Theater review by Adam Feldman
Sixteen is not sweet for the deceptively youthful heroine of the lovely Kimberly Akimbo. Adapted by David Lindsay-Abaire from his own 2001 play, with new music by Jeanine Tesori (Caroline, or Change), the show has a central conceit that verges on magical realism: Kimberly Levaco suffers from an “incredibly rare genetic disorder” that makes her age at a superfast rate. Played by the 62-year-old Victoria Clark, she is physically and psychically out of place among her peers at high school, who have more conventional adolescent problems like unrequited crushes. “Getting older is my affliction,” she sings in a rare burst of confrontation. “Getting older is your cure.”
Life at home in New Jersey with her incompetently overprotective father (Steven Boyer) and pregnant, self-absorbed mother (Alli Mauzey) is even less appealing. But as Kimberly stares into her cruelly foreshortened future—the life expectancy for people with her illness is, yes, 16—two agents of disruption shake up her perspective. The first is her aunt Debra (the unstoppable Bonnie Milligan), a hilarious gale force of chaos who blows into town and quickly recruits her niece into an elaborate check-fraud scheme. The other is Seth (Justin Cooley), a tuba-playing classmate with an affinity for anagrams that suggests, to Kimberly, that maybe he could see her in a rearranged way too.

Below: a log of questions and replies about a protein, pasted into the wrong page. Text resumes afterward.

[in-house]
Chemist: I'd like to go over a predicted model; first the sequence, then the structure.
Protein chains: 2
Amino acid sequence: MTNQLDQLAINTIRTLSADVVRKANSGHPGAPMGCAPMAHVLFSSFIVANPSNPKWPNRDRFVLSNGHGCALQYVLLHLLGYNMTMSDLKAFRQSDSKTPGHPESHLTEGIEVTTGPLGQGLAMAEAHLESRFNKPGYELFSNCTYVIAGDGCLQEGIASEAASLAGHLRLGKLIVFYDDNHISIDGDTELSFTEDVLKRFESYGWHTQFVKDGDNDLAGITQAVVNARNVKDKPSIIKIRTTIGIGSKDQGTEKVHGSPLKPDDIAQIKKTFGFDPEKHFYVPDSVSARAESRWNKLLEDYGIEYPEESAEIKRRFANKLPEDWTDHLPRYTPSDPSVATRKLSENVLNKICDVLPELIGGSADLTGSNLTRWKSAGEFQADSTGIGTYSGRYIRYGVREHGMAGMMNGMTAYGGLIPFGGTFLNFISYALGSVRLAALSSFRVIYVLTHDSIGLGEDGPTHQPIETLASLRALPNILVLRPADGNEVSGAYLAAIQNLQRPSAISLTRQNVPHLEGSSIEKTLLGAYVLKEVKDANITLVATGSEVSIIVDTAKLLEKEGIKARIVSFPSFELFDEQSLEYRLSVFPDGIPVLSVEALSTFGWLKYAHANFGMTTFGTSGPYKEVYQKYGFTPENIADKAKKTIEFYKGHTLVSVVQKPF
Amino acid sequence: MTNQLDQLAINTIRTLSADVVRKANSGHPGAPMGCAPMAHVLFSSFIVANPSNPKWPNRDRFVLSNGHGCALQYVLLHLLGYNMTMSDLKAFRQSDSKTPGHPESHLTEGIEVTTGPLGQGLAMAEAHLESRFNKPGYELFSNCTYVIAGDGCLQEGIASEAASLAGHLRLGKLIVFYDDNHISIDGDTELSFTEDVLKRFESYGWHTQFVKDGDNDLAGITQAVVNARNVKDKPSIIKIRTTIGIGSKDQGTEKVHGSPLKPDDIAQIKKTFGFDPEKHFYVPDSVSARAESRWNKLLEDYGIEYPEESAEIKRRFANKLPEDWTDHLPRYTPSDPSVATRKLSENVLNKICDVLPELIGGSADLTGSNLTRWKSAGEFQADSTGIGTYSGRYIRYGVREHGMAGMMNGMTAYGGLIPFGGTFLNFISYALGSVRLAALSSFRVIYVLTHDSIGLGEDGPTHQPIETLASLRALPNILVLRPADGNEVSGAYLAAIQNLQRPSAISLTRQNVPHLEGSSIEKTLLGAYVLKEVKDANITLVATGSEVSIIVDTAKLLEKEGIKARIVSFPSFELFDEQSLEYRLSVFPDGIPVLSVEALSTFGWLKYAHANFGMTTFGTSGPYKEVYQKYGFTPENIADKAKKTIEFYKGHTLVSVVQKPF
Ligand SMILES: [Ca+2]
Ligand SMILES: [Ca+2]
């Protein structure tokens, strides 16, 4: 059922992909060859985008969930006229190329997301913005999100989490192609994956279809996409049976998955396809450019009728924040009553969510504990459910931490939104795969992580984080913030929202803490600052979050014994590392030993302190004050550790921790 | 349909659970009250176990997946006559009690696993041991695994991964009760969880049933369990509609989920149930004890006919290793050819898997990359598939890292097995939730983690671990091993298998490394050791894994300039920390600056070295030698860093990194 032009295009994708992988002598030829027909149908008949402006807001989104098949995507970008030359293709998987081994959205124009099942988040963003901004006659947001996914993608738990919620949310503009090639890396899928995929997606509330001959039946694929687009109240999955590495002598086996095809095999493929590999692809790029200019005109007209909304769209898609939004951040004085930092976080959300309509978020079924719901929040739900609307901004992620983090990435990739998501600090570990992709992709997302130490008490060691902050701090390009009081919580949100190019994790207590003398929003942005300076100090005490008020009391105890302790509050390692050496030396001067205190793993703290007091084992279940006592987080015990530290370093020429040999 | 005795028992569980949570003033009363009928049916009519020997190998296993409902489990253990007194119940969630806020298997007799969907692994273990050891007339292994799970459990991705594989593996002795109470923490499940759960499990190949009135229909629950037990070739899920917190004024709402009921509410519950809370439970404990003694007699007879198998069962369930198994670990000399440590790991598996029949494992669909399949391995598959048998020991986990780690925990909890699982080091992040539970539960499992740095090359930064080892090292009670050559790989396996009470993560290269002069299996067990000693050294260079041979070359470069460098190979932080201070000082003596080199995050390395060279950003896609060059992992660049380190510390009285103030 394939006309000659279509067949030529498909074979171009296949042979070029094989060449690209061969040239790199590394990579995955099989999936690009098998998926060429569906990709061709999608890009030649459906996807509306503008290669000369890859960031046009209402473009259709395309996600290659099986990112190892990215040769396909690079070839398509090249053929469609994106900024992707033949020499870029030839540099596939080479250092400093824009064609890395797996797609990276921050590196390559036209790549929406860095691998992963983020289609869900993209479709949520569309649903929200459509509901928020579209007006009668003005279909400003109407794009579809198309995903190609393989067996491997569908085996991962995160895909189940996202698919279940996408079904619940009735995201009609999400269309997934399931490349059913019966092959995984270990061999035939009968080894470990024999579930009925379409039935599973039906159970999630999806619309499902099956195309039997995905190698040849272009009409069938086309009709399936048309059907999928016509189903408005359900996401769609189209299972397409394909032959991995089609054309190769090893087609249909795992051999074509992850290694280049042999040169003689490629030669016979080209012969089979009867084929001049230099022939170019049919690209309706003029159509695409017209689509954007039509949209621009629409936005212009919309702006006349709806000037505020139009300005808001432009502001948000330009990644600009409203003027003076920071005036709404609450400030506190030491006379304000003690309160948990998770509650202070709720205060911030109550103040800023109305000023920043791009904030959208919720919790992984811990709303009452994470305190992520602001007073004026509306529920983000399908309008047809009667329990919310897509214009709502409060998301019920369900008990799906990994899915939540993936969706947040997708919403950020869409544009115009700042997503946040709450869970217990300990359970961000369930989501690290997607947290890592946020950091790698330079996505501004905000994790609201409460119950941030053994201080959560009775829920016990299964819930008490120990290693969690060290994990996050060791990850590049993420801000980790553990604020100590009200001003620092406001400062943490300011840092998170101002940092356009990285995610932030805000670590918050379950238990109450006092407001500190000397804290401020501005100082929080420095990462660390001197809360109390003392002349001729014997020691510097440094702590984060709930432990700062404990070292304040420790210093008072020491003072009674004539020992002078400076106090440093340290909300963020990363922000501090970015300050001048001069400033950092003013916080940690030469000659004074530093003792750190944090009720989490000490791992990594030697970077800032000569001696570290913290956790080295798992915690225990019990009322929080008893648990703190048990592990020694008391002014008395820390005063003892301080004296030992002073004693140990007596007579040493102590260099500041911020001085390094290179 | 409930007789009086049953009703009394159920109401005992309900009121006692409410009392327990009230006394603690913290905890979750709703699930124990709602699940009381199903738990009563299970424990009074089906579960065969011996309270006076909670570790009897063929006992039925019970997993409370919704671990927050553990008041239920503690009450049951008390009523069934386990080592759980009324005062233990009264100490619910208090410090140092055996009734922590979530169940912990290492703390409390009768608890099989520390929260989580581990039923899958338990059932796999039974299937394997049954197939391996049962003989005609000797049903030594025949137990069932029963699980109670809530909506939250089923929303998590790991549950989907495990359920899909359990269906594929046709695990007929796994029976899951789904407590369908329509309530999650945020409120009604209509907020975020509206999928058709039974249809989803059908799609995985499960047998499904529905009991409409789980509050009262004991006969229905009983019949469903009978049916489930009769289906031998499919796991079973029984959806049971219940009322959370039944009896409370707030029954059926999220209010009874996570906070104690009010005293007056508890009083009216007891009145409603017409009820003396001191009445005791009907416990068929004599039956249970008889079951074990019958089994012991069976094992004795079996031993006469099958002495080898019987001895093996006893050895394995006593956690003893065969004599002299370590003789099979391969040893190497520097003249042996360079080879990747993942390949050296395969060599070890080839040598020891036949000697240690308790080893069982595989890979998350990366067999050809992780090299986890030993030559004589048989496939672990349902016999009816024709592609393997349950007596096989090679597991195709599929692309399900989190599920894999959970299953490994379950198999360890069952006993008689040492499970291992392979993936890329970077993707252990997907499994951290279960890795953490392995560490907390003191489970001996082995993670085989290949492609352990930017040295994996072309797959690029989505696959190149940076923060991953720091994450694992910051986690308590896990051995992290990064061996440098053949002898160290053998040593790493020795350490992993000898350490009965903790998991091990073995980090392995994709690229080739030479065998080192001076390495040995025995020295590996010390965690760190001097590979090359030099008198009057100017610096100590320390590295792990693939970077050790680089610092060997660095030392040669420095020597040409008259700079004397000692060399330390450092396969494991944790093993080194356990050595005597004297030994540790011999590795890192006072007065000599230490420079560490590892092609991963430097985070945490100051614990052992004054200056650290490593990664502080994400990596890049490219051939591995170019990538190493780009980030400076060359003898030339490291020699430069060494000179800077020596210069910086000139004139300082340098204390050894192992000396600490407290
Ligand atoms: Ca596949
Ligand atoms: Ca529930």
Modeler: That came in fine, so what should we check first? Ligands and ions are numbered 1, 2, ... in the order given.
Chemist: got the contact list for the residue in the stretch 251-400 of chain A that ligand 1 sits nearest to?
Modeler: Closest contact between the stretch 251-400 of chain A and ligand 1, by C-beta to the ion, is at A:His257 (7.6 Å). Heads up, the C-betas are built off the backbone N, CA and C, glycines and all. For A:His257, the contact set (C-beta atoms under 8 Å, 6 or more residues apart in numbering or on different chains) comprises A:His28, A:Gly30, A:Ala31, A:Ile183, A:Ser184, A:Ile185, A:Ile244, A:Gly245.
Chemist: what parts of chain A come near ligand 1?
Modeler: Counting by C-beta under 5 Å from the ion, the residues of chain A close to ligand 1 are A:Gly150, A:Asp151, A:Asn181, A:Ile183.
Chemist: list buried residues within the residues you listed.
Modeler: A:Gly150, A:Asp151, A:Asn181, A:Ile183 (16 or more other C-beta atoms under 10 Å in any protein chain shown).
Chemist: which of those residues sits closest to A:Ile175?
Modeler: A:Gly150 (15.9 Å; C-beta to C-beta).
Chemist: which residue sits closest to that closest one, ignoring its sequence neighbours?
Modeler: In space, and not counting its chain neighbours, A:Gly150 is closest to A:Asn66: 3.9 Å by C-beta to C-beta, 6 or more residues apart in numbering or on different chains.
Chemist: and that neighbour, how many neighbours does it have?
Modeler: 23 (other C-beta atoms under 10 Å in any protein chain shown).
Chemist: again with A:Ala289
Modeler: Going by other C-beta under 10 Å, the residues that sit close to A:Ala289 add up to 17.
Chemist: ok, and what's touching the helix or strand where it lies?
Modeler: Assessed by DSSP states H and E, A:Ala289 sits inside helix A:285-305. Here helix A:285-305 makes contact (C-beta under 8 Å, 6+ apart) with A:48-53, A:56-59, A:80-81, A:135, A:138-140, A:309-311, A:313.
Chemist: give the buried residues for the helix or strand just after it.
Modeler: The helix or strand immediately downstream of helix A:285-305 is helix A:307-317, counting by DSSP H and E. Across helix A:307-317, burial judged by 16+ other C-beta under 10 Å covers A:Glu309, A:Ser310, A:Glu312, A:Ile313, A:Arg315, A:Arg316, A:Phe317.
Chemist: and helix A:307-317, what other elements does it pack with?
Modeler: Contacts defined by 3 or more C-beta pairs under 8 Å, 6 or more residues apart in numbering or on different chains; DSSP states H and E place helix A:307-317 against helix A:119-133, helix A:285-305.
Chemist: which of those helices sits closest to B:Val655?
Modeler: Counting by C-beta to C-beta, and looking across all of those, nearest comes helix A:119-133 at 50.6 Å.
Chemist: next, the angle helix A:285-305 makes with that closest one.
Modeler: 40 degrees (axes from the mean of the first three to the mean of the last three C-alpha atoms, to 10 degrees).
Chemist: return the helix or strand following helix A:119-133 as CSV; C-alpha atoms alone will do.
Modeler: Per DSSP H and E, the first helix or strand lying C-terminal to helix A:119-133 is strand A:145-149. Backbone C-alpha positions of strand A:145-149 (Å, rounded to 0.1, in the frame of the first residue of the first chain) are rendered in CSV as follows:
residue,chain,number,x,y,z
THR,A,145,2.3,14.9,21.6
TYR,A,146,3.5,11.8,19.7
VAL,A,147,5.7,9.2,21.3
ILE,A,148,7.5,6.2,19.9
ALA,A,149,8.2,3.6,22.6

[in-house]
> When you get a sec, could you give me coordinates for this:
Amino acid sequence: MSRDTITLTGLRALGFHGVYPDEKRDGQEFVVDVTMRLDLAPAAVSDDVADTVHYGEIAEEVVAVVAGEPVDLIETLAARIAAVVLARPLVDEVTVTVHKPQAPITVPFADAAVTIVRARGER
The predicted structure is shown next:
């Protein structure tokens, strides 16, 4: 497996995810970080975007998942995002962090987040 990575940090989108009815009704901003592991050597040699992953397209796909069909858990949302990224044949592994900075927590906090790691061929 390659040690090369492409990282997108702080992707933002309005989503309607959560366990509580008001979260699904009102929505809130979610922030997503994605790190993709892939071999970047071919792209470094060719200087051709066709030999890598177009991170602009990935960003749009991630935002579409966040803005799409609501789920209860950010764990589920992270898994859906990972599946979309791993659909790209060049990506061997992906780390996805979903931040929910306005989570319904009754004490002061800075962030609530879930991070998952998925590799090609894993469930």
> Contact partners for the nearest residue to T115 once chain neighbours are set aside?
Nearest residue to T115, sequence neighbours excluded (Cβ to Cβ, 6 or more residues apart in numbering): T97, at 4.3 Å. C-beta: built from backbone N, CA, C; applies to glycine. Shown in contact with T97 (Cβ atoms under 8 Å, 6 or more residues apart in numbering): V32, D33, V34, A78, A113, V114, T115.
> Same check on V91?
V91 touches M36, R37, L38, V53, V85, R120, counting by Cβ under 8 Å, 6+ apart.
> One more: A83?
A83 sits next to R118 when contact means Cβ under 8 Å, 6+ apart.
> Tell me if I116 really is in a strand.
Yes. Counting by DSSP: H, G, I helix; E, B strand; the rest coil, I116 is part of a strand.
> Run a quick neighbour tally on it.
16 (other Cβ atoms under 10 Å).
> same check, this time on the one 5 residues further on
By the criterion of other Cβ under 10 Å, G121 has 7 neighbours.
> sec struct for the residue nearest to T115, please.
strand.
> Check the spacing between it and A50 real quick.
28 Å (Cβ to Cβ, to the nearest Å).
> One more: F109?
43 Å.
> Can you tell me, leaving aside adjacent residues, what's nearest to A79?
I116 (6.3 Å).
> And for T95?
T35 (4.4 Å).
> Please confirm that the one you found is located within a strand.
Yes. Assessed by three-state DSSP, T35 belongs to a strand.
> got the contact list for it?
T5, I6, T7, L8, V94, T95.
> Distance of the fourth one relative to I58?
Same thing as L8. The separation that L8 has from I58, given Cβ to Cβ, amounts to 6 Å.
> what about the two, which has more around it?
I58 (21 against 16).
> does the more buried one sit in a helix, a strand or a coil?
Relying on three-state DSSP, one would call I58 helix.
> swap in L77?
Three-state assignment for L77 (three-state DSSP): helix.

Clever, touching and idiosyncratic, Kimberly Akimbo is the best new musical of 2021, and Jessica Stone’s well-cast world-premiere production at the Atlantic does it justice. The dark absurdist comedy of Lindsay-Abaire’s original play—reminiscent of Christopher Durang, John Guare and the playwright’s own Fuddy Meers—remains, but it is tempered by the addition of a four-person chorus of students and by Tesori’s winding, agile melodies; material that might have been rendered merely as zany has a more human dimension. And while she’s perhaps a bit short in the tooth for the part, Clark is very winsome here. Kimberly is a special creation, at once younger than her years and old before her time; if her relationship with Seth recalls the title characters in Harold and Maude, it’s not quite obvious which is which. Mortality is in every beat of this show, but less like a clock than like a pulse. As Kimberly sings: “I know I might be dying”—aren’t we all?—"but I’m not dead.”
Kimberly Akimbo. Atlantic Theatre Company (Off Broadway). Book and lyrics by David Lindsay-Abaire. Music by Jeanine Tesori. Directed by Jessica Stone. With Victoria Clark, Steven Boyer, Alli Mauzey, Bonnie Milligan, Justin Cooley. Running time: 2hrs 20mins. One intermission.
Kimberly Akimbo | Photograph: Courtesy Ahron R. Foster